Devastated that this was happening, the only thing that I had to grab onto was something that I remembered 46-year-old Olympian swimmer Dara Torres writing in her book:

"You don't need to feel well to swim well."

This, and my sister's reminder a few days before to "remain zen".

These two things, thankfully, helped to pull me out of the emotional gutter.

So I popped some ibuprofen, gathered a game plan, and decided to do a very careful start off the starting block, so as to not make my pain any worse, and use my upper body strength to swim like hell!

Low and behold it worked. I miraculously matched my best master's time ever and finished in 6th place. It was sheer will power.

By the time the race results were posted in the early afternoon, I was able to see a chiropractor who magically popped my back into place and out of pain.

But enough about me, the best story I have to share is about someone else:

When we arrived the first day at the swimming complex, I immediately spotted someone in the crowd who I thought was 97-year-old New Zealander, Katherine Johnstone, who had come to swim and claim her gold medals. Like stalkers, Cindy and I followed her and her daughter into the locker room. While Katherine was in the dressing room changing out of her bathing suit, I confirmed with her daughter that it was her. Honestly, for me, it was like waiting to meet someone like Meryl Streep. She was so gracious and happy to pose for a picture with us afterward. It was lunch time, and she had already been interviewed by others, so I didn't want to be too pushy questioning her. Plus I was feeling a little shy. I did say, however, that I thought she was quite a marvel, to which she replied, "I really am not- I am just doing what I like to do."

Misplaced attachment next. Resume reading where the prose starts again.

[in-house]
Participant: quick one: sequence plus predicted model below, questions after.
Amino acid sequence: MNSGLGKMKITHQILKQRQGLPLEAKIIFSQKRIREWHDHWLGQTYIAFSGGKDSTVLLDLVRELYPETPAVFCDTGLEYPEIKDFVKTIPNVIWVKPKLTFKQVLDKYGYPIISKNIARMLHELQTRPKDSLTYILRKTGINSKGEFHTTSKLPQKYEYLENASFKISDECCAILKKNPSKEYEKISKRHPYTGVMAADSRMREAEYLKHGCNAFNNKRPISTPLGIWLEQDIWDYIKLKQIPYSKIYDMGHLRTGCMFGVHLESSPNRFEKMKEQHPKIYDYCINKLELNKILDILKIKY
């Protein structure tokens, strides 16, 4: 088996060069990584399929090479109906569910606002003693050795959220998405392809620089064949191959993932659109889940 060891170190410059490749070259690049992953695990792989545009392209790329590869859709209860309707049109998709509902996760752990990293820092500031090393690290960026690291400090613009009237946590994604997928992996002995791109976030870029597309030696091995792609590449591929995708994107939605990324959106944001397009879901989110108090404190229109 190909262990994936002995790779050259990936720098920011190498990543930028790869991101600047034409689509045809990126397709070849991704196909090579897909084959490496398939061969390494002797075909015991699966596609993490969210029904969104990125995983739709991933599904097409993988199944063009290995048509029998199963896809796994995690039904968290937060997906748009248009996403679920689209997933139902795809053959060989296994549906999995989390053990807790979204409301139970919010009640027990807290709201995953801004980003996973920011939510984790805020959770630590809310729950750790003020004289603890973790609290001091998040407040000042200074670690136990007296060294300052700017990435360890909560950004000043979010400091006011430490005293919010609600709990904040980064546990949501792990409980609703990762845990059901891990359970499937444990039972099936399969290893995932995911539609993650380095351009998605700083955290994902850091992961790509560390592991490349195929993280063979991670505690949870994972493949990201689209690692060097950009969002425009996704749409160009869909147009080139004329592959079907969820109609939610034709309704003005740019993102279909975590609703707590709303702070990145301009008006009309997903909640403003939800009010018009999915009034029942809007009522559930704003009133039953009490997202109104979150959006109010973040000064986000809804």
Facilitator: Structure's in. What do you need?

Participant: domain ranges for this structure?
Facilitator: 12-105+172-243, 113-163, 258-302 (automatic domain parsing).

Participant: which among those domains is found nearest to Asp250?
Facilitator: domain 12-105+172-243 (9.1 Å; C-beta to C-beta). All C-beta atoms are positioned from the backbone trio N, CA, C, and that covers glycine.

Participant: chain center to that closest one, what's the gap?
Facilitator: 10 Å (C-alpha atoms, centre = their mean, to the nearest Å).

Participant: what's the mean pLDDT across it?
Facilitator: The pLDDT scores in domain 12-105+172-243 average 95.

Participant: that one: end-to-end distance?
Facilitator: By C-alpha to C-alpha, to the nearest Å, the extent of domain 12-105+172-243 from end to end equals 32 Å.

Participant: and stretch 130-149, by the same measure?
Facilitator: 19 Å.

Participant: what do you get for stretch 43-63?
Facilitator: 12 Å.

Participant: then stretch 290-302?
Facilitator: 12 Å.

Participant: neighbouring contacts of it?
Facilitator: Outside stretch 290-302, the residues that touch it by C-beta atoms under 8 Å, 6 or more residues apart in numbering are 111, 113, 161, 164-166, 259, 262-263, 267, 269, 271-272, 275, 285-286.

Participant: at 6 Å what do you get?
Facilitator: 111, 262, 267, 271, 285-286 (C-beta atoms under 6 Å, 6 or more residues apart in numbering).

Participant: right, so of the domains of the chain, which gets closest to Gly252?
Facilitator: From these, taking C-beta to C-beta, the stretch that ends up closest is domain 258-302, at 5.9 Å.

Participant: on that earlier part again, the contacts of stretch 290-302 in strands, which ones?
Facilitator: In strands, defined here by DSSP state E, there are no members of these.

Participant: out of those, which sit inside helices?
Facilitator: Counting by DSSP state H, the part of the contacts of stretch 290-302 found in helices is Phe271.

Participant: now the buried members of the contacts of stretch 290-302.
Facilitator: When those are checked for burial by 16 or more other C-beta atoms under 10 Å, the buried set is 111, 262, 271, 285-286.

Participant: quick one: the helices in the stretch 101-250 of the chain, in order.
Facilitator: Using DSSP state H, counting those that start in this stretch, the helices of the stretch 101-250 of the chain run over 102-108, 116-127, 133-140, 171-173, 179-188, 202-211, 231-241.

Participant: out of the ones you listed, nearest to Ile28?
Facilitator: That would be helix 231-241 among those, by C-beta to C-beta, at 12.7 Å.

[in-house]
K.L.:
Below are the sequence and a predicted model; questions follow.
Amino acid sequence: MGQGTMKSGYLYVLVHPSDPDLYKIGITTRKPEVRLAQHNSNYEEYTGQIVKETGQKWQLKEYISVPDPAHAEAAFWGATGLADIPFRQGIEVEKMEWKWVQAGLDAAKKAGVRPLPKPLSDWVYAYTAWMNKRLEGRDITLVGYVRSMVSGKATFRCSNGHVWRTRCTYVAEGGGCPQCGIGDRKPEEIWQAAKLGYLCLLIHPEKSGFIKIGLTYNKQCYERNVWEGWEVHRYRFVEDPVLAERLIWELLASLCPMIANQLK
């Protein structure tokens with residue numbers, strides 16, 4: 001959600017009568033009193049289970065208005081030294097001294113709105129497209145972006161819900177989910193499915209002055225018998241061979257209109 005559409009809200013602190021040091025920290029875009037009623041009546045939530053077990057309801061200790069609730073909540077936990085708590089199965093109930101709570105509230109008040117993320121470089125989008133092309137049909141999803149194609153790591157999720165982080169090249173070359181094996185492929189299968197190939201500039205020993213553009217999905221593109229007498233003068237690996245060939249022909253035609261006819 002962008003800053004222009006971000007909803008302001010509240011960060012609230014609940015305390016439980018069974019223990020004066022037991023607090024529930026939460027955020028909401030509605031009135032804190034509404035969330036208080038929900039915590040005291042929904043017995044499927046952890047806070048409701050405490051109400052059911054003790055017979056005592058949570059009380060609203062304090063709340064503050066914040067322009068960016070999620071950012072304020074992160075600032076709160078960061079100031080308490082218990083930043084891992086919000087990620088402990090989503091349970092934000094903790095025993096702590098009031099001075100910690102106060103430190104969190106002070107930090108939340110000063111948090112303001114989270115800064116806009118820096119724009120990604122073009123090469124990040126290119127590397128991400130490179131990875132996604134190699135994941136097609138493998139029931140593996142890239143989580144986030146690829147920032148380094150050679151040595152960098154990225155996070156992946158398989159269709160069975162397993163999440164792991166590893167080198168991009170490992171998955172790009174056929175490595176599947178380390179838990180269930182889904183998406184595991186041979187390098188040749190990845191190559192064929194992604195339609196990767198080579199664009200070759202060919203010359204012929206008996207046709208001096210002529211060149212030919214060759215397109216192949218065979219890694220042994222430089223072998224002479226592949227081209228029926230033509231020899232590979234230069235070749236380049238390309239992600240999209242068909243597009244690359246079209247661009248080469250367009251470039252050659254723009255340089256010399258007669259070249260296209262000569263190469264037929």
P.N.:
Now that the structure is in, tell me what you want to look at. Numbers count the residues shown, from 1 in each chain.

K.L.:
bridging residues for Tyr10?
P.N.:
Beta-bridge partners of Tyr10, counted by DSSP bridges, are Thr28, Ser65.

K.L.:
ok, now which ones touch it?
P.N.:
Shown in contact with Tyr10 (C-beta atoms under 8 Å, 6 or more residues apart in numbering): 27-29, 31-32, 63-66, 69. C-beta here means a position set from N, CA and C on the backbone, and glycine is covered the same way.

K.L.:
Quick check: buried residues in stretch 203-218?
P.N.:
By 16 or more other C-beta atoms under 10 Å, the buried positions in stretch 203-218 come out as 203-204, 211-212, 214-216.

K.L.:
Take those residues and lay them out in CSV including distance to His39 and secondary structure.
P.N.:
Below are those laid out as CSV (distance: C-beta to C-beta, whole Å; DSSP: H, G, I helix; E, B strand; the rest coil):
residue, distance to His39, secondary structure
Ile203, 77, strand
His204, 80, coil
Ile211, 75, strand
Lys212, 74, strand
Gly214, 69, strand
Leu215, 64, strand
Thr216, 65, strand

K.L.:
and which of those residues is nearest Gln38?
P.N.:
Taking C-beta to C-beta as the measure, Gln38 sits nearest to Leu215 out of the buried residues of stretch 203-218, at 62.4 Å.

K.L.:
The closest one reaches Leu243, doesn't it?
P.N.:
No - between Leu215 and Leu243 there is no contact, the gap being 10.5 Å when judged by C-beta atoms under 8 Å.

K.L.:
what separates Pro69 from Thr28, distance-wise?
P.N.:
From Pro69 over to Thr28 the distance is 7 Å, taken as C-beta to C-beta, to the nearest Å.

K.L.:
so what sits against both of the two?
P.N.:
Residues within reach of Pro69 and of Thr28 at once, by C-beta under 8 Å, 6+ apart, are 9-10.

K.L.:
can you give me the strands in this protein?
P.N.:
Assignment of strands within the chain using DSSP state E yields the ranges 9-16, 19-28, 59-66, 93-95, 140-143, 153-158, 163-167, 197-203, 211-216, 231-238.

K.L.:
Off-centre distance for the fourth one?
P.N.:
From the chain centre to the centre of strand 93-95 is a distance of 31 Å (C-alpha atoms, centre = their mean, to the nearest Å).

I'll say!

The other great news is that Cindy, my swim mate since 5th grade and shrink :-), took a whole second off her 50 meter free race. In a short sprint race, a second is like an eternity. I was so proud very of her too.

More info on master's swimming, should you be interested, can be found here. Master's swimming isn't just for racing. There are many people on my team who swim just for fitness and really enjoy it too.

And a great little clip on Katherine (at age 92) below!